The RAI has opposed Government plans to introduce calorie counts on restaurant menus.
The proposals, which were approved this week at the Government’s Cabinet meeting, will require food outlets to post calorie information alongside the price for all items offered on menus, at the point where the food is ordered.
Adrian Cummins,cero of RAI said that the proposals would be 'virtually impossible to monitor' and would cost every restaurant €5,000 a year.
'To really implement this, each EHO will have to come in, take a sample of the food, send it to a lab to be tested, and wait for the results to come back to see if the correct calorie count was displayed', he said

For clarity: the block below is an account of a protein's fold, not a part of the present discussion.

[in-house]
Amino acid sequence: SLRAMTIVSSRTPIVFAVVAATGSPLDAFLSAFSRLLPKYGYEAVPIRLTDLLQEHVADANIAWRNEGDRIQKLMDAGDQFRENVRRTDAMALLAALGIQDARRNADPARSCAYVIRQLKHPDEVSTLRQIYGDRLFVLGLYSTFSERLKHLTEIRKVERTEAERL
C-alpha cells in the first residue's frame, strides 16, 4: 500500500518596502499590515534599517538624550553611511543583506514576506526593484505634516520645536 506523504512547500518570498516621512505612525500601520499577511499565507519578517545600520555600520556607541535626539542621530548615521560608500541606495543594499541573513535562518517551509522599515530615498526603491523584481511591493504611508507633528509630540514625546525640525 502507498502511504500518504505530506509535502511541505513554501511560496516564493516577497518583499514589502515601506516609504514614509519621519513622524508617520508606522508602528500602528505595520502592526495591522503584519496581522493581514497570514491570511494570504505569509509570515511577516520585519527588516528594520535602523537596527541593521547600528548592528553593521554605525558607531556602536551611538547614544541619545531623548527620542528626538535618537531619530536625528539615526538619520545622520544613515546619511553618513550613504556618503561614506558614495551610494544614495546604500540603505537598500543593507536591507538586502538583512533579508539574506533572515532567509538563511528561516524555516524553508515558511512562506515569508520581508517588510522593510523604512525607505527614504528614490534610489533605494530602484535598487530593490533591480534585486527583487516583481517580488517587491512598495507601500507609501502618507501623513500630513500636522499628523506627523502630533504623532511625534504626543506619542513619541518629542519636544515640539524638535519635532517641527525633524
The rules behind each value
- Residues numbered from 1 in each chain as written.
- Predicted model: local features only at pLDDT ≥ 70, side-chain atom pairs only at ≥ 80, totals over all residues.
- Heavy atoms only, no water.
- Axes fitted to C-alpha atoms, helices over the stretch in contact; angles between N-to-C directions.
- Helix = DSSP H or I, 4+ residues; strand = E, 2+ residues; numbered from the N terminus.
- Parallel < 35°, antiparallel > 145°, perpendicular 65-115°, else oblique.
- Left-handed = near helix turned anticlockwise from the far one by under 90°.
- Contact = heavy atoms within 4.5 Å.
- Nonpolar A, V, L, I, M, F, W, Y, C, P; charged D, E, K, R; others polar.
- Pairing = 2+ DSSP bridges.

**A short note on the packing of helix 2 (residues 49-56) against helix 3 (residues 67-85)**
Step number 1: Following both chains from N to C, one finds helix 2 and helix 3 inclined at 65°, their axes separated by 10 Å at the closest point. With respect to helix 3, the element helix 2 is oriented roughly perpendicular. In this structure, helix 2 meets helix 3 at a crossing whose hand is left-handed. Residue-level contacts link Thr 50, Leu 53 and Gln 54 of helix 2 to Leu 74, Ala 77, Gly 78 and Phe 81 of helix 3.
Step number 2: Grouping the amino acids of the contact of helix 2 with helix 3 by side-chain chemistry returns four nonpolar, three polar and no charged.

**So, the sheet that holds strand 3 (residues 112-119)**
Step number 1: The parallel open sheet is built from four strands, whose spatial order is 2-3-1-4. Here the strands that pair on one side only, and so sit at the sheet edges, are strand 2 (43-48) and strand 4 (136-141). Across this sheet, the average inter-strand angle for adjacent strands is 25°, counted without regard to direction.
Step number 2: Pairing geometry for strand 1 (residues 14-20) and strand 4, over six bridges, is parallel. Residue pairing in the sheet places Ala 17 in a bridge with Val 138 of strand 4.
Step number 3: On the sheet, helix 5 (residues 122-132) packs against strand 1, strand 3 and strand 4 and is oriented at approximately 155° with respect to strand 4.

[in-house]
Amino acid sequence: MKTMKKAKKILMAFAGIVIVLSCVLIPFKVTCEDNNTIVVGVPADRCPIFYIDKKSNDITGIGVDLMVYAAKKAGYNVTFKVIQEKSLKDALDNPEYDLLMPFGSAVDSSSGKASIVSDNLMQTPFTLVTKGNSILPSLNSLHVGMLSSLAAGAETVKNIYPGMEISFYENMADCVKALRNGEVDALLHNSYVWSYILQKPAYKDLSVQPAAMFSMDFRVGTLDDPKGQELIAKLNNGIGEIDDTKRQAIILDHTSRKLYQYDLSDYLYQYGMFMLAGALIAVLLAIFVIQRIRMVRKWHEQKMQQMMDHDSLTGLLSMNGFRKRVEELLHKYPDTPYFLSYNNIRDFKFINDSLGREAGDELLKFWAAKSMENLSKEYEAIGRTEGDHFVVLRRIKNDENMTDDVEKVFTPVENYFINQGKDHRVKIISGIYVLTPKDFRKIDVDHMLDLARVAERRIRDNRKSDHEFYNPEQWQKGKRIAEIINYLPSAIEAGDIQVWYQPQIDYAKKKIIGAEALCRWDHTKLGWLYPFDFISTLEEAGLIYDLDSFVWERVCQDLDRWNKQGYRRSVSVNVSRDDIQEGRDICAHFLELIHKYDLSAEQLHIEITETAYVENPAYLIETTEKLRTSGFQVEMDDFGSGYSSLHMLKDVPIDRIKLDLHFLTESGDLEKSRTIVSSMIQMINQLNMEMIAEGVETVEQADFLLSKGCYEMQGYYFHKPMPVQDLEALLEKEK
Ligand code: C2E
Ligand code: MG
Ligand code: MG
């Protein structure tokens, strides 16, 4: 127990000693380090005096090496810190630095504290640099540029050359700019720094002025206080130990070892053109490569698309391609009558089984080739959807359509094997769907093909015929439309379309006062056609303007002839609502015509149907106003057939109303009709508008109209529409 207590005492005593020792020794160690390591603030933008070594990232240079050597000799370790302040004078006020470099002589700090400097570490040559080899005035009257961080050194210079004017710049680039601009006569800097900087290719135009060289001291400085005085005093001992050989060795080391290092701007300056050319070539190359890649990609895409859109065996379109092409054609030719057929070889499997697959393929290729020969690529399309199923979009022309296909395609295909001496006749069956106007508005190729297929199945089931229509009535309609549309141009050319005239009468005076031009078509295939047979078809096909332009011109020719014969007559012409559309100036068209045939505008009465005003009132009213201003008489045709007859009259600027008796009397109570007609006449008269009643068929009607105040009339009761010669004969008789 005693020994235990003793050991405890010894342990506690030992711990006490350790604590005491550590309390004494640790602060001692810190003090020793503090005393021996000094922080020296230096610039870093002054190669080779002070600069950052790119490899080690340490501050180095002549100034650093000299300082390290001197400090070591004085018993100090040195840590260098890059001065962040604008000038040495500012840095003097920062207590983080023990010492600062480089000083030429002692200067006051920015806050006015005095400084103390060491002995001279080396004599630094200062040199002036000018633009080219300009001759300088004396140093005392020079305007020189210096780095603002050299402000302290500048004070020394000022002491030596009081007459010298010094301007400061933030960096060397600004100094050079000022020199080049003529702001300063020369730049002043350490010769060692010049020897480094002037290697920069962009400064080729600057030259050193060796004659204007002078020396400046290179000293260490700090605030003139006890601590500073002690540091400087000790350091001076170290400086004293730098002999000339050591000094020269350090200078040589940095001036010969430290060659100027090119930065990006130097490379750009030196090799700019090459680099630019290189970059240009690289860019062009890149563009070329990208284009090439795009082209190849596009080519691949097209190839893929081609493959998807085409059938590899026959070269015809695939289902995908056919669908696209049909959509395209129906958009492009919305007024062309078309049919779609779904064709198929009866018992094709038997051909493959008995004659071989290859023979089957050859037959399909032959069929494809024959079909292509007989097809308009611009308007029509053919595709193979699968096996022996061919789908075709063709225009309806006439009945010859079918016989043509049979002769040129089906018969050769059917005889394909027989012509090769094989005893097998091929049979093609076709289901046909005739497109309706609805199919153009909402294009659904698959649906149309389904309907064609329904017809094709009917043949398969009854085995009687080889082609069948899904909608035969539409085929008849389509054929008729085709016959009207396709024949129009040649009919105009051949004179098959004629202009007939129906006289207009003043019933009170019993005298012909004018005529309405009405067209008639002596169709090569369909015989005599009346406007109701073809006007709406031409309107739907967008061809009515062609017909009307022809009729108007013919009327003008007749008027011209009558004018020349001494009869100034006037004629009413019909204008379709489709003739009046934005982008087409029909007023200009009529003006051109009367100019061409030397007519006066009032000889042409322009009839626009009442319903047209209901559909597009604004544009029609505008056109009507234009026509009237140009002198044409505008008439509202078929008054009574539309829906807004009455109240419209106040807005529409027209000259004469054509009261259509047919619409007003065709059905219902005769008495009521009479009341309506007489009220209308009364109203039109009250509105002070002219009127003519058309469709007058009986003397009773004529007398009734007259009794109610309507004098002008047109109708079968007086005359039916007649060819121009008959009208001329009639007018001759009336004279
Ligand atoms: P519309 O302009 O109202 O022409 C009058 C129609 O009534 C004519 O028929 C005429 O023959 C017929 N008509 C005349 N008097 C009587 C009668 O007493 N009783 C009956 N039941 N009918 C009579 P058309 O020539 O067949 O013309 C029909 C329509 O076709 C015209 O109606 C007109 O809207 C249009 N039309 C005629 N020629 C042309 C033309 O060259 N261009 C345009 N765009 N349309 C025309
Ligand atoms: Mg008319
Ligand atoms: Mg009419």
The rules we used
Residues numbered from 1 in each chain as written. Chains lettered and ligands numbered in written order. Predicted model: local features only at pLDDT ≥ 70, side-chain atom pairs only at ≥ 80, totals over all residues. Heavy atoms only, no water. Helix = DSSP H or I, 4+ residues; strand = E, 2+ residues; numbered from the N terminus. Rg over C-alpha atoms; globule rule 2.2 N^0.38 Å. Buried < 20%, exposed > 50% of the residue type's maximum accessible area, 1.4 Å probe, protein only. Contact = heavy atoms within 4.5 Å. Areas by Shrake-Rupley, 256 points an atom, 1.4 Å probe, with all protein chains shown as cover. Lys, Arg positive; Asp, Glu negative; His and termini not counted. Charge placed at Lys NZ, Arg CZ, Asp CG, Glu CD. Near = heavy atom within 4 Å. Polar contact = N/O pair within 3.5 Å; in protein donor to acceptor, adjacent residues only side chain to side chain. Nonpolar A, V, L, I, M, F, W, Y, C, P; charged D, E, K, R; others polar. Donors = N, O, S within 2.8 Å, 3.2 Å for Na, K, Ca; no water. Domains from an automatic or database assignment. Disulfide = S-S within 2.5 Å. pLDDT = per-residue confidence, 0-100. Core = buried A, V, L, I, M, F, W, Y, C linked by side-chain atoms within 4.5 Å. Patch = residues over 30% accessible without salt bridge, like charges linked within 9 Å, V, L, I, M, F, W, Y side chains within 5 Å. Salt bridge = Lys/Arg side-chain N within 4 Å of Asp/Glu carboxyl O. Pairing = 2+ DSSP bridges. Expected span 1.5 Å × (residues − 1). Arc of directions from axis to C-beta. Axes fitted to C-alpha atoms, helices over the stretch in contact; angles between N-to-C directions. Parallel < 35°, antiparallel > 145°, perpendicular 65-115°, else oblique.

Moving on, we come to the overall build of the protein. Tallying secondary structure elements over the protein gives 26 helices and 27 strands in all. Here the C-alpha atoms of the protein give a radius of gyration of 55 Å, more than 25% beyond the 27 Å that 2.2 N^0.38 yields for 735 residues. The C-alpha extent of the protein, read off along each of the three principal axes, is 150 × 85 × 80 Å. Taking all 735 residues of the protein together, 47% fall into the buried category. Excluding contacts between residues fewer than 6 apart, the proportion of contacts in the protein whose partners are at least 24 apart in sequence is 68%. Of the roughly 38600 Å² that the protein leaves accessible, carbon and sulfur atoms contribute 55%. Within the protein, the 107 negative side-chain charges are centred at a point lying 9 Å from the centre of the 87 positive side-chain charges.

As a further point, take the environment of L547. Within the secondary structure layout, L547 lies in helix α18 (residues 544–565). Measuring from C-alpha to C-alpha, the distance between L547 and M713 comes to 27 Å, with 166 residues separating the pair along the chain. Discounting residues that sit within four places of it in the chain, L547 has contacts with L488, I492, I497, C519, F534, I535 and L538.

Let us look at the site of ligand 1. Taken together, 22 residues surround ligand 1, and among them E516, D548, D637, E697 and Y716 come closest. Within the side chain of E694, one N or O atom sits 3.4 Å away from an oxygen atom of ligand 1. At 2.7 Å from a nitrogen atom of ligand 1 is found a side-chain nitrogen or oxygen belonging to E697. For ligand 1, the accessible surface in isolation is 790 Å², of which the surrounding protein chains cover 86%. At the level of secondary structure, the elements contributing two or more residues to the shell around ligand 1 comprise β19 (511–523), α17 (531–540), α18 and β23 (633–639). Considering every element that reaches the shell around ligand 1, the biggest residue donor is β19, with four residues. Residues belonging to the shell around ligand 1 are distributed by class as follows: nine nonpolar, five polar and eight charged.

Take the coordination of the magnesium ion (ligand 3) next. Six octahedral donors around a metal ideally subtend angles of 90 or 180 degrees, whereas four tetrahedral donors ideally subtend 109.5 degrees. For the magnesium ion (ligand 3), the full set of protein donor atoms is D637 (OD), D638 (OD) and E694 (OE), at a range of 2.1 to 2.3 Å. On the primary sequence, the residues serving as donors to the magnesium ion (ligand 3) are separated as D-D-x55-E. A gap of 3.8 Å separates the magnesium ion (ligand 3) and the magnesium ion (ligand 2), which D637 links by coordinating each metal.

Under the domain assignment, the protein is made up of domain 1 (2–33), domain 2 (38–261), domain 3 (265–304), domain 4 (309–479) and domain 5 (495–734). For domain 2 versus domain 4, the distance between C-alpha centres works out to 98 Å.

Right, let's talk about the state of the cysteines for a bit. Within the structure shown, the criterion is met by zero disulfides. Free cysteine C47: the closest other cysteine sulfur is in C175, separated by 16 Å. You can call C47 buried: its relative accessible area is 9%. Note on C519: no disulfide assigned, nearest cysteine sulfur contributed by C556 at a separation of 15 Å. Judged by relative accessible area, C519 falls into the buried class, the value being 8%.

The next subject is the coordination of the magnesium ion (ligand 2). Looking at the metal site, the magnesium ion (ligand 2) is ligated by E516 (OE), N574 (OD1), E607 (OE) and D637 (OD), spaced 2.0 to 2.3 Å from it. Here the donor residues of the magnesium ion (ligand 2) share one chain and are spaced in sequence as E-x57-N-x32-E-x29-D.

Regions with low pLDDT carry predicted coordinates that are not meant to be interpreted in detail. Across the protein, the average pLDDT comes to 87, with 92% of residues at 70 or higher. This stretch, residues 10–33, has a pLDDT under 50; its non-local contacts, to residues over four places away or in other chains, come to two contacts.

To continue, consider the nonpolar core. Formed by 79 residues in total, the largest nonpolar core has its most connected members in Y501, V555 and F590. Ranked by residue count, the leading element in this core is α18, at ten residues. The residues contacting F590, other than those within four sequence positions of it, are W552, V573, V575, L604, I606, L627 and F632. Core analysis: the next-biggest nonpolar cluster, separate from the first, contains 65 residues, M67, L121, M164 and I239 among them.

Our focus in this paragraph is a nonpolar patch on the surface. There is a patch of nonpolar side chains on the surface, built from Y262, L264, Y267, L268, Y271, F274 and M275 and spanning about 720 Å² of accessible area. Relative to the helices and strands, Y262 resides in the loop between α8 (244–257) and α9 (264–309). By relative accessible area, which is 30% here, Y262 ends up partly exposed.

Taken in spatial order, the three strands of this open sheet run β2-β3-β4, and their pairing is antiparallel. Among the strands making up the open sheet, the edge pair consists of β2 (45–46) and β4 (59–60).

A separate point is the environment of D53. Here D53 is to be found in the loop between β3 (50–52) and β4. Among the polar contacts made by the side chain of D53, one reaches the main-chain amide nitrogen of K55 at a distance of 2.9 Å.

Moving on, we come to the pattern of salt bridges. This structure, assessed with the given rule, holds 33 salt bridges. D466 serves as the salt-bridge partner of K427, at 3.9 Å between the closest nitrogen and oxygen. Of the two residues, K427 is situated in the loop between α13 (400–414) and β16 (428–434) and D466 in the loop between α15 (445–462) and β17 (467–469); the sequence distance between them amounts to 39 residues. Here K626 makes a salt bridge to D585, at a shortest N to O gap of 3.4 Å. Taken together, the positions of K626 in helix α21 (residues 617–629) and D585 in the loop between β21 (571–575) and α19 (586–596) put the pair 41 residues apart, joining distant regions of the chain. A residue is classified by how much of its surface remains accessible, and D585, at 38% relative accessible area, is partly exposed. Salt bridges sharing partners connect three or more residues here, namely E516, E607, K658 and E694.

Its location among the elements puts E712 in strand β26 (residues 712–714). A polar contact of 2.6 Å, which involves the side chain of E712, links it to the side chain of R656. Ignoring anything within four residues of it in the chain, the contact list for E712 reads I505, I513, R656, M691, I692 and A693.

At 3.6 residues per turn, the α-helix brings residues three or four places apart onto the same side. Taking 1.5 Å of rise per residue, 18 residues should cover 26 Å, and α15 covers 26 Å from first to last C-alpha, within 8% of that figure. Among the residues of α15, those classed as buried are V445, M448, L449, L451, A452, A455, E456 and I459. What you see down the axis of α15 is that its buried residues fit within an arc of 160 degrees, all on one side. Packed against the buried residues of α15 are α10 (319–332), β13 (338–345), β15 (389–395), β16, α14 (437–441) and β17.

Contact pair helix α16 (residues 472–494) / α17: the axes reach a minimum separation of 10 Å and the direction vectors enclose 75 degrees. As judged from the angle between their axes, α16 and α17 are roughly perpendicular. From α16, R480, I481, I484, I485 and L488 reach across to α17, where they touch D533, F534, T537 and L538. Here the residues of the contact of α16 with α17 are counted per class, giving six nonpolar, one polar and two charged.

He said that without an ability to actively monitor the implementation of calorie counts, some food outlets could simply post lower counts than competitors.
The RAI pointed out that calorie counts on menus have already been introduced in the US, with “disastrous results”. It pointed to a New York University study which said five out of six customers paid no attention to the information.
The Irish Hotels Federation has also opposed mandatory labelling as unworkable for hotels and guest houses given daily menu changes.
Chef Derry Clarke agreed and said he was 100pc against the move which was "past ridiculous".
Health Minister Leo Varadkar said he was introducing the initiative as the latest figures show two in every three adults and one in four children are overweight or obese.
"Giving calorie details on menus is a very simple but effective way of encouraging people to choose a healthier option," he said.